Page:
Downtown Portland has a cornucopia of delicious restaurants, but the French cuisine is harder to seek out. Nevertheless, I recently discovered a gem on SW 6th Avenue, called Little Bird Bistro. Or if you want to practice le français, pucker up your lips and translate the English into “Le Petite Oiseau”. I think that the French is a stellar ambassador for the culinary arts, and Little Bird lived up to the title.
The place was dimly lit, providing a pleasantly romantic atmosphere. (Valentine’s Day lovers—here’s your haven). My family awkwardly edged by the couples to climb up the stairs to the balcony room, where small tables surrounded by dainty chairs resided next to the magnificent wall of wines. The restaurant had a typical French style—pastel colors, a bit rustic yet charming with attractive and picturesque country-like architecture. It transported me back to my visit to France, where I always looked forward to the meals and sampling the heavenly food.
My family decided to order one appetizer to share—grilled lamb with seared foie gras and mint yogurt. And yes, foie gras is duck liver. I had it one time when I was in France, and it just tasted like really pasty sausage. Fortunately, Little Bird used garlic and searing to give it a richer flavor. The lamb, on the other hand, was perfect. My fork sank into its soft, tender meat, and the grilling gave it a savory, smoky taste that made my knees go weak. I thought that it was intriguing using mint yogurt with the lamb and foie gras, and it actually helped to give my taste buds a sense of refreshment from the strong meat flavors.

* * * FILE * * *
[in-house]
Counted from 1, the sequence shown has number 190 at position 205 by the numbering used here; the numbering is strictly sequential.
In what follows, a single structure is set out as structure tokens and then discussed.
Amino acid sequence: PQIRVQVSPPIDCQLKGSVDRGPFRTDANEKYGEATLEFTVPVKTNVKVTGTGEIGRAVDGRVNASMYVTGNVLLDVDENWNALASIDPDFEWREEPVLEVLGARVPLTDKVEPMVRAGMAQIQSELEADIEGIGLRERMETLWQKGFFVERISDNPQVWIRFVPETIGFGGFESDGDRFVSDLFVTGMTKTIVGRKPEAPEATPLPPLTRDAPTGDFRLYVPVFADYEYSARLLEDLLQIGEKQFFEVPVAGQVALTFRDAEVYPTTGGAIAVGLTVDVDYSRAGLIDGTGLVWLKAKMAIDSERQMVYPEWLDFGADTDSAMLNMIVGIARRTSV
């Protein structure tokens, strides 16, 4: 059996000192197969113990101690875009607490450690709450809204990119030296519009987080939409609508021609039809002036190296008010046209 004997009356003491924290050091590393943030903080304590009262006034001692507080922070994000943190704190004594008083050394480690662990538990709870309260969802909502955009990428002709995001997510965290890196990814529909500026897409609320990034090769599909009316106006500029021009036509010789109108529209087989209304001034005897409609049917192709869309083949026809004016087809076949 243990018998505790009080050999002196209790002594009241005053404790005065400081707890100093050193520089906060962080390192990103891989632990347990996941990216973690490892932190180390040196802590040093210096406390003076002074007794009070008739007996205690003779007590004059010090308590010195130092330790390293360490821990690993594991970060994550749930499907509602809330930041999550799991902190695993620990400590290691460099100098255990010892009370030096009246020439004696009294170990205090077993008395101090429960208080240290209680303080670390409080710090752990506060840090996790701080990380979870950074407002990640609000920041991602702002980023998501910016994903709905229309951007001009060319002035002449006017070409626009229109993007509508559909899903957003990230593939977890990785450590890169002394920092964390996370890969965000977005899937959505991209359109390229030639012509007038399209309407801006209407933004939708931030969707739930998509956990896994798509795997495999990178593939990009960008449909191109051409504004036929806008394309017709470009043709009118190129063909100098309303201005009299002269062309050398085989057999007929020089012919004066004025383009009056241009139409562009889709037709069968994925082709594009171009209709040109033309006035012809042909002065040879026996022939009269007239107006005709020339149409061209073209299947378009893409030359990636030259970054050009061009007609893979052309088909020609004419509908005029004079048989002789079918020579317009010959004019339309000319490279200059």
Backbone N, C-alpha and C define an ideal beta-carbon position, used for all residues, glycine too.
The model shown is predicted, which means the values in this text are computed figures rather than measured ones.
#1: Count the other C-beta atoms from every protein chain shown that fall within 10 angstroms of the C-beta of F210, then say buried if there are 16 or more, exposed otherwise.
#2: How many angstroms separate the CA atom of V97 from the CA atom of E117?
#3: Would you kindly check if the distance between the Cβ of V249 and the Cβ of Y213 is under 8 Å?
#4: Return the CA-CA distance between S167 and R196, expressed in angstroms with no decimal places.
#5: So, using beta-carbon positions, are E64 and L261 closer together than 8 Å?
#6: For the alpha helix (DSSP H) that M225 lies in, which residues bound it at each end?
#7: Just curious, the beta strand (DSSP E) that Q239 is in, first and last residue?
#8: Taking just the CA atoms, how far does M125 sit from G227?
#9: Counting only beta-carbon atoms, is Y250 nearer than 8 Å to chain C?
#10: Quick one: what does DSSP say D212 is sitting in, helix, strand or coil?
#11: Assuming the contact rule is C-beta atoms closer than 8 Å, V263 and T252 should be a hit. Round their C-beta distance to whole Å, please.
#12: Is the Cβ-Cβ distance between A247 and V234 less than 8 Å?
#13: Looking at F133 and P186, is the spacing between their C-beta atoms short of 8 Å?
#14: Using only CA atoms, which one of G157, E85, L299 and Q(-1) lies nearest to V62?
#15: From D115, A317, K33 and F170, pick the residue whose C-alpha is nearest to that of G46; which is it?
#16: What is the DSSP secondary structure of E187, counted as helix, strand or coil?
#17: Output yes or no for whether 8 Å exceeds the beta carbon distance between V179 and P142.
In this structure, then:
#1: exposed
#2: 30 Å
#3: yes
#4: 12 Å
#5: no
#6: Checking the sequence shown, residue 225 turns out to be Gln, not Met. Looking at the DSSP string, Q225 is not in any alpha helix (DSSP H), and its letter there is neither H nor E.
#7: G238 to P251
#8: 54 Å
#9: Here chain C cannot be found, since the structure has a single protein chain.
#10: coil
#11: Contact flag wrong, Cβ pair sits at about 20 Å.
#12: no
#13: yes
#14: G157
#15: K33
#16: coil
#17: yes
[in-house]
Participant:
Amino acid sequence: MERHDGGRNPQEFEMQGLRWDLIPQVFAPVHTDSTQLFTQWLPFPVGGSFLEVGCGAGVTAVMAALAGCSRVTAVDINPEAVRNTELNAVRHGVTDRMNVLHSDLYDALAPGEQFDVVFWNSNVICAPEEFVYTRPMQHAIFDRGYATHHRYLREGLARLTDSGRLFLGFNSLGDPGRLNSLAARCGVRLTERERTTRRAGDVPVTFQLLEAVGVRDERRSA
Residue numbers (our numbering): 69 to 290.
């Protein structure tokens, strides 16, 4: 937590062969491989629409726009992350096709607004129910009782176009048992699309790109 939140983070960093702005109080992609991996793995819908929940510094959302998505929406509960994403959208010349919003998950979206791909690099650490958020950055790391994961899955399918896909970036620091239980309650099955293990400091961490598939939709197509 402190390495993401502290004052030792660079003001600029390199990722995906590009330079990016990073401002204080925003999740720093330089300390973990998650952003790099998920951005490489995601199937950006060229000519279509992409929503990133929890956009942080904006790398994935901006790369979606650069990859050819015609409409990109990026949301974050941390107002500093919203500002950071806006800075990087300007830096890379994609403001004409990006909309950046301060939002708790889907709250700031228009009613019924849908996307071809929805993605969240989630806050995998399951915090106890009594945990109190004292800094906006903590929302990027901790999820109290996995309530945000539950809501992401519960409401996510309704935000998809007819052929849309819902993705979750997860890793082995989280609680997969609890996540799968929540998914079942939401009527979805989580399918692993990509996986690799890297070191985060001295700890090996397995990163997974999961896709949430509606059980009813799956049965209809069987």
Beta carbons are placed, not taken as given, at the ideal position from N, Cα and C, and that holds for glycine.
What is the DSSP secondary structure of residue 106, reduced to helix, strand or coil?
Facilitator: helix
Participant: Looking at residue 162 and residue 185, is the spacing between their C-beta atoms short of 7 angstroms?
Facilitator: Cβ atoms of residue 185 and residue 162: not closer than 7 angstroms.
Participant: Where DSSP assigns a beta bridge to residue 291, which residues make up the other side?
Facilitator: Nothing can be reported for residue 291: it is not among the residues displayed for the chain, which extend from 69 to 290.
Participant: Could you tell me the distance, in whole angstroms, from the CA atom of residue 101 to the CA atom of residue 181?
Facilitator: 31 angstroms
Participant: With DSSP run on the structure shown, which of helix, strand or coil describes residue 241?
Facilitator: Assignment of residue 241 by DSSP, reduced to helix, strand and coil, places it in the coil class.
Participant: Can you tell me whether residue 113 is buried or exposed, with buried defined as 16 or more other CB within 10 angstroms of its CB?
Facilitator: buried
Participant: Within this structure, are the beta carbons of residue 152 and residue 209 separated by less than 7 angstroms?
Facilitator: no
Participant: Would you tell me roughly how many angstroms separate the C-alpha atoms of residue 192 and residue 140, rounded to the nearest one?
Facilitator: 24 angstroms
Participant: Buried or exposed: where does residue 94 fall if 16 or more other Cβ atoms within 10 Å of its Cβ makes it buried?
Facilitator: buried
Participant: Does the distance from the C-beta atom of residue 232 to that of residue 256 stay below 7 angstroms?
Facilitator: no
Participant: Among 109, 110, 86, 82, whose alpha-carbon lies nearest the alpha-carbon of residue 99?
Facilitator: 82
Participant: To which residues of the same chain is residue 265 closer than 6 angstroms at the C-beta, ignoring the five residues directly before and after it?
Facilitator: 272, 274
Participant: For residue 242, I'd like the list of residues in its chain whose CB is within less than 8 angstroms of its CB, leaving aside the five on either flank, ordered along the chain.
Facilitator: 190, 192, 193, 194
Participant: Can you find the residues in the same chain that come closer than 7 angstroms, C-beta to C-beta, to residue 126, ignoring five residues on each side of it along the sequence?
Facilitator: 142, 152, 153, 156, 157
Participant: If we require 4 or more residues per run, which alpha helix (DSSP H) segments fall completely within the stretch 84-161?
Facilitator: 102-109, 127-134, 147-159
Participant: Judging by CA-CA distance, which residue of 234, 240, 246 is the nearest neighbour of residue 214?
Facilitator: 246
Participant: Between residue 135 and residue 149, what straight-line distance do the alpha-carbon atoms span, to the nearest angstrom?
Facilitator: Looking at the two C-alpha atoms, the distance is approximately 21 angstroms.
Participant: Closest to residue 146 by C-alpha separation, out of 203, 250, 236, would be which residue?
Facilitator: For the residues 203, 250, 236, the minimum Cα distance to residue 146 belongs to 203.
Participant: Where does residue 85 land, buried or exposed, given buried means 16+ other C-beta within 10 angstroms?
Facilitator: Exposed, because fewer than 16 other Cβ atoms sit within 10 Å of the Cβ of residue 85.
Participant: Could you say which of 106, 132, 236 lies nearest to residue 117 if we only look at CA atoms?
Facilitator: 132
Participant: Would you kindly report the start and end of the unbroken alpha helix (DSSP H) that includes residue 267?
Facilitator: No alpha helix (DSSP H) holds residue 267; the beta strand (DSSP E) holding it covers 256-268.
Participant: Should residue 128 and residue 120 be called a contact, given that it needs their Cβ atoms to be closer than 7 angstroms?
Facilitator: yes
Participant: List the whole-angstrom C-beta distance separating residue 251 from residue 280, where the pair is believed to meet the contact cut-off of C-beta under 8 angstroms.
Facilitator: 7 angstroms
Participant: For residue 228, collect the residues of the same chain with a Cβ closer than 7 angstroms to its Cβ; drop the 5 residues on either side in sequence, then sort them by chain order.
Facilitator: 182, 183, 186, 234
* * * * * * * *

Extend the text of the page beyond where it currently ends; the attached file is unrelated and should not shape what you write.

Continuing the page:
I’m proud to say that I went out of my comfort zone this time. I had the special of the day, a seared steelhead trout with eggplant and beet puree alongside a heap of grape ravioli. I’ve never really been an advocate for eggplant, but this eggplant didn’t even taste like eggplant! It was creamy and savory while the beet’s tart sweetness rounded out the combination perfectly. The trout was fresh and tender, with crackling skin on the outside and a nice, mellow taste—not like the typical overpoweringly pungent fish aroma. And grape ravioli was truly novel. I rejoiced at the tart crunchiness of the grapes accompanied by a hint of a wine flavor. The pasta didn’t flop or give a bland impression. The whole combination of flavors seemed so unlikely, yet they complemented each other well for a fantastic meal.
Now for the finale—dessert! I’ve never eaten such finery. My family and I ordered a lemon crème brûlee and a dark chocolate blancmange. Crème brûlee is a popular French dessert of vanilla custard with a layer of burnt caramelized sugar on top, and the one I enjoyed was also topped with a dollop of vanilla bean mousse and two little poppy seed butter cookies. I have a soft spot for lemons, so this dessert hit the spot. Similarly, blancmange is a type of pudding with a very glossy yet smooth texture. The chocolate had a surprisingly striking and bitter taste with sweet hints of cocoa. It was accompanied by candied hazelnuts and a sweet orange jam. I personally loved the crème brûlee the most, devouring it with a true French passion. By the end of the meal I just kept thinking to myself, “C’était magnifique!”
At the end of dinner, Little Bird even decided to emulate the Chinese tradition a bit by offering little cinnamon and coconut macaroons to satisfy our palettes further–I’d take those over fortune cookies any day.
219 SW 6th Avenue
Portland, OR 97204
11:30 a.m. – 12 a.m.
Saturday & Sunday:
5 p.m. – 12 a.m.